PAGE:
Today marks my first full day working solely on Chezie.
I took the leap; I’ve officially quit my job in management consulting to focus 100% of my time and energy on Chezie.
I’ve wanted to start my own business since seventh grade when I sold sodas out of my middle school locker (a very lucrative business, might I add). I just wanted to be sure that whatever business I started was not only one that I felt passionate about, but also something that I felt confident could be a successful company. I’ve found both of those with Chezie.
When Dumebi and I first launched Chezie in 2019 (back when we were Dyversifi) I had this absurd idea that we would hit the PUBLISH button on the site and things would just take off. I thought we’d have so much press and so much traffic that we’d instantly get the validation that we needed and I’d be able to quit by the end of the year.
Breaking news – I was wrong. Very wrong.
It's taken every bit of two years to build the foundation for this transition to full-time. A lot of trial and error, rejected applications, and failed launches have gotten us to this point. I wanted to write this to share my thoughts and experiences with anyone thinking about making the big leap and going full-time on their business idea.
When I went on How I Built This earlier this year (insert hyperlink), Guy Raz asked me what we would do with the $50k prize, and my response was that I would quit my job. When we won the prize, multiple friends called me out on that promise and said that I had to go through with it. Not going to lie, I was hoping folks would forget that I’d said that.
Though I did want to quit right after we won that money, I remained patient and waited on three things to happen. I’d encourage anyone thinking about quitting to only do so when you’ve confirmed the following:
“What does your company do?”
When we launched, our answer to that question was that we help diverse job-seekers find careers that they love and we help companies recruit diverse talent. The problem was that, while we had validation from job-seekers that our solution was valuable, those job-seekers weren’t the ones paying us. To get companies to pay us, we needed job-seekers. To get job-seekers, we needed content (i.e. Stories). To get Stories, we needed access to job-seekers. This puzzle was one that we spent 1.5 years trying to solve, and after a while, it became very clear that this initial vision that we had for Chezie’s identity wasn’t one that would stand (at least not anytime soon). At the end of the day, a business needs to be able to make money, and we came to terms with the fact that our initial business model didn’t provide a clear path towards revenue.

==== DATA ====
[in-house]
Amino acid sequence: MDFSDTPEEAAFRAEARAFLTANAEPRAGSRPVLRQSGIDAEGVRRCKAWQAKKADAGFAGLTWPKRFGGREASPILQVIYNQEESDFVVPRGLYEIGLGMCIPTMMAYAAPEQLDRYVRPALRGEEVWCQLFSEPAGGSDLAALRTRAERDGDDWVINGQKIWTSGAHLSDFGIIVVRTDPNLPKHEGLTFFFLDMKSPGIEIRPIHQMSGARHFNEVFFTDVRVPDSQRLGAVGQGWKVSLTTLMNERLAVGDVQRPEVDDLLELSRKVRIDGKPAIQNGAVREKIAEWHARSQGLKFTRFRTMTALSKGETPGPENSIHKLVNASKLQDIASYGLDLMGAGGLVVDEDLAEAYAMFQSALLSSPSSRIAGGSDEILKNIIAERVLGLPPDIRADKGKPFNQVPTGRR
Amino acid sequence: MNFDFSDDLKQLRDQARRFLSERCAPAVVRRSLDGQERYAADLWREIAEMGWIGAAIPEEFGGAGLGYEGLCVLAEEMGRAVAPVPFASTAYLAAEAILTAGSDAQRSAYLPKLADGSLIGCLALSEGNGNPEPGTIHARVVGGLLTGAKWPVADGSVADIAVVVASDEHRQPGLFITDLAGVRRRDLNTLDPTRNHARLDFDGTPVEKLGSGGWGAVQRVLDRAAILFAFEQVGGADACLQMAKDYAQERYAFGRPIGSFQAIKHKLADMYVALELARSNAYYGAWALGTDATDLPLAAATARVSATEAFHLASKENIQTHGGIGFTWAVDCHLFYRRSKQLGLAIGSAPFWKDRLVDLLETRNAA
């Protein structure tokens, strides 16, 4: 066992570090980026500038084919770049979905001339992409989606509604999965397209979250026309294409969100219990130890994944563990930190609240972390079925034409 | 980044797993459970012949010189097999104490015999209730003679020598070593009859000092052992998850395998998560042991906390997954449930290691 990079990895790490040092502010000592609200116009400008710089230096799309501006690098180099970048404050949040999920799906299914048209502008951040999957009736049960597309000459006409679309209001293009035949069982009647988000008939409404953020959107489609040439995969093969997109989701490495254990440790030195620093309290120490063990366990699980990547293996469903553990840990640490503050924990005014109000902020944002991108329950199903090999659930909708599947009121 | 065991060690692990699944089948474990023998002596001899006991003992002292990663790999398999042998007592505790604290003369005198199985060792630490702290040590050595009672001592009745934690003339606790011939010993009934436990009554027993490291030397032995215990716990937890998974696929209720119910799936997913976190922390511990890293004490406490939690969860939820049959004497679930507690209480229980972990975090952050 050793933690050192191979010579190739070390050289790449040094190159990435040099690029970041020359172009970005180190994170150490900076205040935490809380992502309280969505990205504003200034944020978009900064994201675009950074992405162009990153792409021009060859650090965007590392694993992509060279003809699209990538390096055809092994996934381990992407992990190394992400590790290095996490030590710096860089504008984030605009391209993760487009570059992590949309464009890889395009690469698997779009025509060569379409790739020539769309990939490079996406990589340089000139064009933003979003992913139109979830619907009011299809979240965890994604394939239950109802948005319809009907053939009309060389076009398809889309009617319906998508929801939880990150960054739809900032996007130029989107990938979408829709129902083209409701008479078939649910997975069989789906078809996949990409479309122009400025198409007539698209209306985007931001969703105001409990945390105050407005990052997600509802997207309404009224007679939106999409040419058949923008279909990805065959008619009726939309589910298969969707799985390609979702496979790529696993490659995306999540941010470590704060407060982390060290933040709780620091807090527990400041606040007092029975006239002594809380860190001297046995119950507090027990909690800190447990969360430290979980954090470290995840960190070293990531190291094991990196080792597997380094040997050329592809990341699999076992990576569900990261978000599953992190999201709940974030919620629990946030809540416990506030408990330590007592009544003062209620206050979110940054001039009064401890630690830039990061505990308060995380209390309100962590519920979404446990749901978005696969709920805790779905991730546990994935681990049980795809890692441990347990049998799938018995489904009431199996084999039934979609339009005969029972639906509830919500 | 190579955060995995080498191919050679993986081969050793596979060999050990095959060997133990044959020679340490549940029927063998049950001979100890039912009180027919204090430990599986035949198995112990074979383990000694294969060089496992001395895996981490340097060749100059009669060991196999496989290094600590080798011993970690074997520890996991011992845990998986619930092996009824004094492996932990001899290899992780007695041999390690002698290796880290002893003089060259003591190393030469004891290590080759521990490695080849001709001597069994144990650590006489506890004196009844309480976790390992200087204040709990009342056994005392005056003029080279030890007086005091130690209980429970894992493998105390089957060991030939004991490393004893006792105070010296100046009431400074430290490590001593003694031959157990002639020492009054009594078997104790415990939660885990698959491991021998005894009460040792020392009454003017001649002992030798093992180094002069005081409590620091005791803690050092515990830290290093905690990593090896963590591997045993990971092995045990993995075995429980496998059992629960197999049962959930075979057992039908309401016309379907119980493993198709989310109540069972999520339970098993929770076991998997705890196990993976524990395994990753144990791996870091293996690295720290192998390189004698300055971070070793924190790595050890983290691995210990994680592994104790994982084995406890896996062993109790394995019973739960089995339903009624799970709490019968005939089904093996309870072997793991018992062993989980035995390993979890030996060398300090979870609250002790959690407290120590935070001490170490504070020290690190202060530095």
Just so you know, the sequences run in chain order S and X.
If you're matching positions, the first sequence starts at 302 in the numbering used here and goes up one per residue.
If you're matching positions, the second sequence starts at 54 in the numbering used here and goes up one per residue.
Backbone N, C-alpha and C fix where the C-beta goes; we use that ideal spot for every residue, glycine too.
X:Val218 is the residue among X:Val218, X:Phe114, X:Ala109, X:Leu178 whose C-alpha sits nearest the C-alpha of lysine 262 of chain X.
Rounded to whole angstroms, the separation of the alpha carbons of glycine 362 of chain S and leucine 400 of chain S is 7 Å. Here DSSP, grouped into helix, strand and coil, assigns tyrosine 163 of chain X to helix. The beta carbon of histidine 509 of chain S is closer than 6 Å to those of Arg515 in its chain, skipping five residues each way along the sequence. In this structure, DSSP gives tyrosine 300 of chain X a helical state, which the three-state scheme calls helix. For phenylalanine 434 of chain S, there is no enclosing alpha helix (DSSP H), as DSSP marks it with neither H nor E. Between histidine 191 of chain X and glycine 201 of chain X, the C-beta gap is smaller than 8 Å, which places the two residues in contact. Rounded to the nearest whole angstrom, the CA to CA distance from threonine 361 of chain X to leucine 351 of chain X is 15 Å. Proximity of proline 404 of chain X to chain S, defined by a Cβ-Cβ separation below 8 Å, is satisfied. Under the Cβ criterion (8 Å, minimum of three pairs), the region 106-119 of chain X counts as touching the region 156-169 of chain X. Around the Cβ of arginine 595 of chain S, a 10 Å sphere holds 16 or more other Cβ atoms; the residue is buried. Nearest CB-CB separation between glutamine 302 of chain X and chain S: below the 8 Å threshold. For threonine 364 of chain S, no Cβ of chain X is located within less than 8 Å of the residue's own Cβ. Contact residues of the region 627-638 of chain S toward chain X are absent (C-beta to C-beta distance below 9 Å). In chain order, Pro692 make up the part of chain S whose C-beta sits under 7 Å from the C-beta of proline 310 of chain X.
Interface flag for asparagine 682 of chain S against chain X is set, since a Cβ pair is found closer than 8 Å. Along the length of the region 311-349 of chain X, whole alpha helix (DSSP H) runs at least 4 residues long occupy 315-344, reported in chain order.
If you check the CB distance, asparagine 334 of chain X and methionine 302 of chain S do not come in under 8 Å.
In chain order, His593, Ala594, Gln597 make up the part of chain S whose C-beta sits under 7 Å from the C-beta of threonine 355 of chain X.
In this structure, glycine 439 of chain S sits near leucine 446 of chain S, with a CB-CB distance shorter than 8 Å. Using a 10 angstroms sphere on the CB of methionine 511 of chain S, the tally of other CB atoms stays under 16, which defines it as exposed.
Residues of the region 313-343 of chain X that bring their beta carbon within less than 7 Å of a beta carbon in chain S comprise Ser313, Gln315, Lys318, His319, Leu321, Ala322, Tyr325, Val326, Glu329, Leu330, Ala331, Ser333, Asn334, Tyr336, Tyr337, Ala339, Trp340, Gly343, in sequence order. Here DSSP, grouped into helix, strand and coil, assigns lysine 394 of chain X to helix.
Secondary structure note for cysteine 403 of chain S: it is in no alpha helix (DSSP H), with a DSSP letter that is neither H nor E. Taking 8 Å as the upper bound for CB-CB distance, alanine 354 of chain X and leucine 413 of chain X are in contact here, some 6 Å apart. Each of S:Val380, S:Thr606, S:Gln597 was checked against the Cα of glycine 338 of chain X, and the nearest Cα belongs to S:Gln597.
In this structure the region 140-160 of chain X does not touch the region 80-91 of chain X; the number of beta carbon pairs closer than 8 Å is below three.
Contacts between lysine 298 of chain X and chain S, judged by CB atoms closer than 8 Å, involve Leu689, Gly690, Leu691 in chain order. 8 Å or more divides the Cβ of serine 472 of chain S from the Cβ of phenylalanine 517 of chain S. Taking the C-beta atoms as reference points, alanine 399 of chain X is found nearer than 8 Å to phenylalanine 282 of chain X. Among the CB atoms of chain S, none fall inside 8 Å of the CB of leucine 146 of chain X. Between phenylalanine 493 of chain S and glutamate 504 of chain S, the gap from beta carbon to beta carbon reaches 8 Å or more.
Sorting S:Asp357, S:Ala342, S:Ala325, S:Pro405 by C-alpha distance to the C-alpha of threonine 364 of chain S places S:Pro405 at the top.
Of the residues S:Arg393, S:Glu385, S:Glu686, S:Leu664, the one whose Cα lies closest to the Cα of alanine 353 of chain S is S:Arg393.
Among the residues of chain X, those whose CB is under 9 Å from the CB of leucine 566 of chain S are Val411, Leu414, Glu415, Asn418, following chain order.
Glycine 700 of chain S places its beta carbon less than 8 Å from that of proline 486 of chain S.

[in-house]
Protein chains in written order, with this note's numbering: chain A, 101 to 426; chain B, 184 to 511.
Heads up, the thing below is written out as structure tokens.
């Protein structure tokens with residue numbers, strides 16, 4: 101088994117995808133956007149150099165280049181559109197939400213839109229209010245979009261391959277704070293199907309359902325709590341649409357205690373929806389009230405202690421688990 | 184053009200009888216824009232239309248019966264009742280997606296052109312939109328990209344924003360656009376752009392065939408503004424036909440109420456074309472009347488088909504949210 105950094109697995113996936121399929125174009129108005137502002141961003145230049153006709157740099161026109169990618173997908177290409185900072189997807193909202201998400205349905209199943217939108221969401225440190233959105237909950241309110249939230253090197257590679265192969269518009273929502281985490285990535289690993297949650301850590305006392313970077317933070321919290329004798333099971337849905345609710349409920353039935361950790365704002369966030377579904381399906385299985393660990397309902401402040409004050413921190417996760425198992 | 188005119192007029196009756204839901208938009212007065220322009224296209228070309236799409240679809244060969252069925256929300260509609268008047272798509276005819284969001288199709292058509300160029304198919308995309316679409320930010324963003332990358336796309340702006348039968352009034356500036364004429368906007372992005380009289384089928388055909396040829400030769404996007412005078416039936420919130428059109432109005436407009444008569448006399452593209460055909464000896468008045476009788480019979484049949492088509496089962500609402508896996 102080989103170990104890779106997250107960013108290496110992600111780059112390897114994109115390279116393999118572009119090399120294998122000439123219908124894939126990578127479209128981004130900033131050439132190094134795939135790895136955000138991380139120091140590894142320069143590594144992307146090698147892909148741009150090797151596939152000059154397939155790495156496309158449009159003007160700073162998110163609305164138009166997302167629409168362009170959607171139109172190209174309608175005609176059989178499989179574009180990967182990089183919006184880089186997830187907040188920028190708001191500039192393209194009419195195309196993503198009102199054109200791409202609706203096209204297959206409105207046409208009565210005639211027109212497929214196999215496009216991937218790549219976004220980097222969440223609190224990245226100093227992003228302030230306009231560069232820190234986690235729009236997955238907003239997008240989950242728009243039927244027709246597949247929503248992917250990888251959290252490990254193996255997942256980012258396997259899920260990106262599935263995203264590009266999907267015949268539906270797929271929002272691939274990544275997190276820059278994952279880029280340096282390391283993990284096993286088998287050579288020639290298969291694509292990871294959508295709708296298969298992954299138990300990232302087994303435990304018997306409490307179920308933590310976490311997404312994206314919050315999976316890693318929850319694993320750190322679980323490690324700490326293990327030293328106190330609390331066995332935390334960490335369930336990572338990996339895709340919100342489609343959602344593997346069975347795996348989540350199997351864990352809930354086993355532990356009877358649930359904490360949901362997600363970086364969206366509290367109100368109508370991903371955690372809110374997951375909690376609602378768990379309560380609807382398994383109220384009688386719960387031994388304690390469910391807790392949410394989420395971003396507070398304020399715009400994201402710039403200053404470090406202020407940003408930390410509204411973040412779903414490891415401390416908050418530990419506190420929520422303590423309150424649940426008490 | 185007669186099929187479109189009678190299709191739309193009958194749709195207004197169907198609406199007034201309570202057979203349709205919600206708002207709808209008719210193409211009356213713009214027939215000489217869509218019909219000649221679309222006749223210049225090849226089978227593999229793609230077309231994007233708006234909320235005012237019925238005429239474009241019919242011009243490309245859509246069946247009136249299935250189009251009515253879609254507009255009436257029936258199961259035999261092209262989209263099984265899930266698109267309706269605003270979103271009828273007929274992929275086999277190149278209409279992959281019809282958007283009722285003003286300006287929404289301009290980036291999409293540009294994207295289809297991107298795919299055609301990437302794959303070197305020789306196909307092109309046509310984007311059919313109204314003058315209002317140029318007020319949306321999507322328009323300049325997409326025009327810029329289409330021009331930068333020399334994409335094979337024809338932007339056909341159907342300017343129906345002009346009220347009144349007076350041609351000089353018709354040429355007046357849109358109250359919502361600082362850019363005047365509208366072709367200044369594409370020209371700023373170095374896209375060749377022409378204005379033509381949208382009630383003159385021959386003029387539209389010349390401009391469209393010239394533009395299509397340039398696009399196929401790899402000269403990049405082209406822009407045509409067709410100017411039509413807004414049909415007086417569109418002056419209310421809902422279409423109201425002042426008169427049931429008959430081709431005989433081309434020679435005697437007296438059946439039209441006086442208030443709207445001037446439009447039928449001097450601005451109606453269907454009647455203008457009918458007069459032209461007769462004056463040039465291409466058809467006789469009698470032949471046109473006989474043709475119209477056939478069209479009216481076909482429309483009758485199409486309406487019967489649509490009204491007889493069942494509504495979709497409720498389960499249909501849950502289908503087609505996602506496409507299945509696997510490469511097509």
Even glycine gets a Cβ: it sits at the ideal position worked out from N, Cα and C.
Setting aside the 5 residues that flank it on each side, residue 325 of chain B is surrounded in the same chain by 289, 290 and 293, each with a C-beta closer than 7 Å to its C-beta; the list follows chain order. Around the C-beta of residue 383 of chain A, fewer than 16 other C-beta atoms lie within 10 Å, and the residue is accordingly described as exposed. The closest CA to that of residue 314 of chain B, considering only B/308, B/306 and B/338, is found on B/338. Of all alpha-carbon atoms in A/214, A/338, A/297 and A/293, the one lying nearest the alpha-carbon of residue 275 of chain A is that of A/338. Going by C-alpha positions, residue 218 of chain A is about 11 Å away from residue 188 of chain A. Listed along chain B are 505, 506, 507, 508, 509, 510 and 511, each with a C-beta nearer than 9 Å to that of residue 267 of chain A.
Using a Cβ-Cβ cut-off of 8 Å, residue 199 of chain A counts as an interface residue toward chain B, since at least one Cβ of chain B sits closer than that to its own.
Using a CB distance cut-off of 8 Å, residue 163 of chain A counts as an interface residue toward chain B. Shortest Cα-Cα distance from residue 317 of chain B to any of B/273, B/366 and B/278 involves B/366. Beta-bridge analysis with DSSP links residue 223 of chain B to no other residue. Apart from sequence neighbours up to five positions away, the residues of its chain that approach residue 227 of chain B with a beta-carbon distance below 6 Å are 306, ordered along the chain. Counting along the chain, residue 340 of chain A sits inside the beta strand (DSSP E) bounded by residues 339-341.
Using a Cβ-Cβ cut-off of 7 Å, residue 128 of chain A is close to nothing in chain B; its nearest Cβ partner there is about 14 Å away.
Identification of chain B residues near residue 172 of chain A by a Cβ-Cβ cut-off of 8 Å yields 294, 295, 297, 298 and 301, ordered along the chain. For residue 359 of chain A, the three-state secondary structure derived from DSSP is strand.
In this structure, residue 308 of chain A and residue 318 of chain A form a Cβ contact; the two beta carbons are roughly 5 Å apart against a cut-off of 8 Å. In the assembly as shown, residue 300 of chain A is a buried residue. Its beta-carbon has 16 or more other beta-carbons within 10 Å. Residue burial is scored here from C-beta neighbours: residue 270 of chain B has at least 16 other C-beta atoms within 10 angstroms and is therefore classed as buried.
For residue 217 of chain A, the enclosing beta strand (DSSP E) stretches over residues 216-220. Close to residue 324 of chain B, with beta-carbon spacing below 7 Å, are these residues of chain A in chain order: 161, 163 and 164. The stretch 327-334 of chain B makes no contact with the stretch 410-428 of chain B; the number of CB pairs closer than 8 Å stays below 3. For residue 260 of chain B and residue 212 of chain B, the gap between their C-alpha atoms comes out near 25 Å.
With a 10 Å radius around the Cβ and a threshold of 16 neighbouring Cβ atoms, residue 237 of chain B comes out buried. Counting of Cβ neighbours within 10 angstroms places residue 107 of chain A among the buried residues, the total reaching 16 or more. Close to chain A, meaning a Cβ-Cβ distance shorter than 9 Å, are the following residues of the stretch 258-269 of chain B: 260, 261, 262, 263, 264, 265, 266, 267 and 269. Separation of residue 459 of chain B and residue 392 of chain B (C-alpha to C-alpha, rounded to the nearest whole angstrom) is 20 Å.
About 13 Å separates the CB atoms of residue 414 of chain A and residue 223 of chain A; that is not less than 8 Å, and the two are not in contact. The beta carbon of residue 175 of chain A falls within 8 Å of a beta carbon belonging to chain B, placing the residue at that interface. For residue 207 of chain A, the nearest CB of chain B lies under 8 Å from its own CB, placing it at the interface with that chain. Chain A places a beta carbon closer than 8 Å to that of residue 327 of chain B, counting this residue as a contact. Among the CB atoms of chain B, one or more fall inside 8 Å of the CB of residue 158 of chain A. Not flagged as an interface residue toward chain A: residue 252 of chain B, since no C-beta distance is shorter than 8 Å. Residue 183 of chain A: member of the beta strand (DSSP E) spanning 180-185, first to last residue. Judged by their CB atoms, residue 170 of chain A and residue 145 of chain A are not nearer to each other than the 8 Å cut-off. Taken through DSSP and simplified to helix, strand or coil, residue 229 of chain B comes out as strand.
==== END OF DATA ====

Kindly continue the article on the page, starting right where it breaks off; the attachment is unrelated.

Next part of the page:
After a few pivots and over 100 calls with potential customers, we identified a different problem that we could hone in on: employee resource groups. Since launching our ERG Dashboard, we’ve stepped into a new identity that still meets the vision we had for our company when we first launched, but is also one that companies are willing to pay us for. Chances are that as we progress, we’ll uncover insights that will shape our company’s identity further, but we know that they won’t force us to make a complete overhaul as we did in the past.
It takes time to figure out your company’s identity, and if you quit your job before you’ve confirmed it and gotten validation from customers, you’re setting yourself up for some serious stress. And trust me, this journey is challenging enough.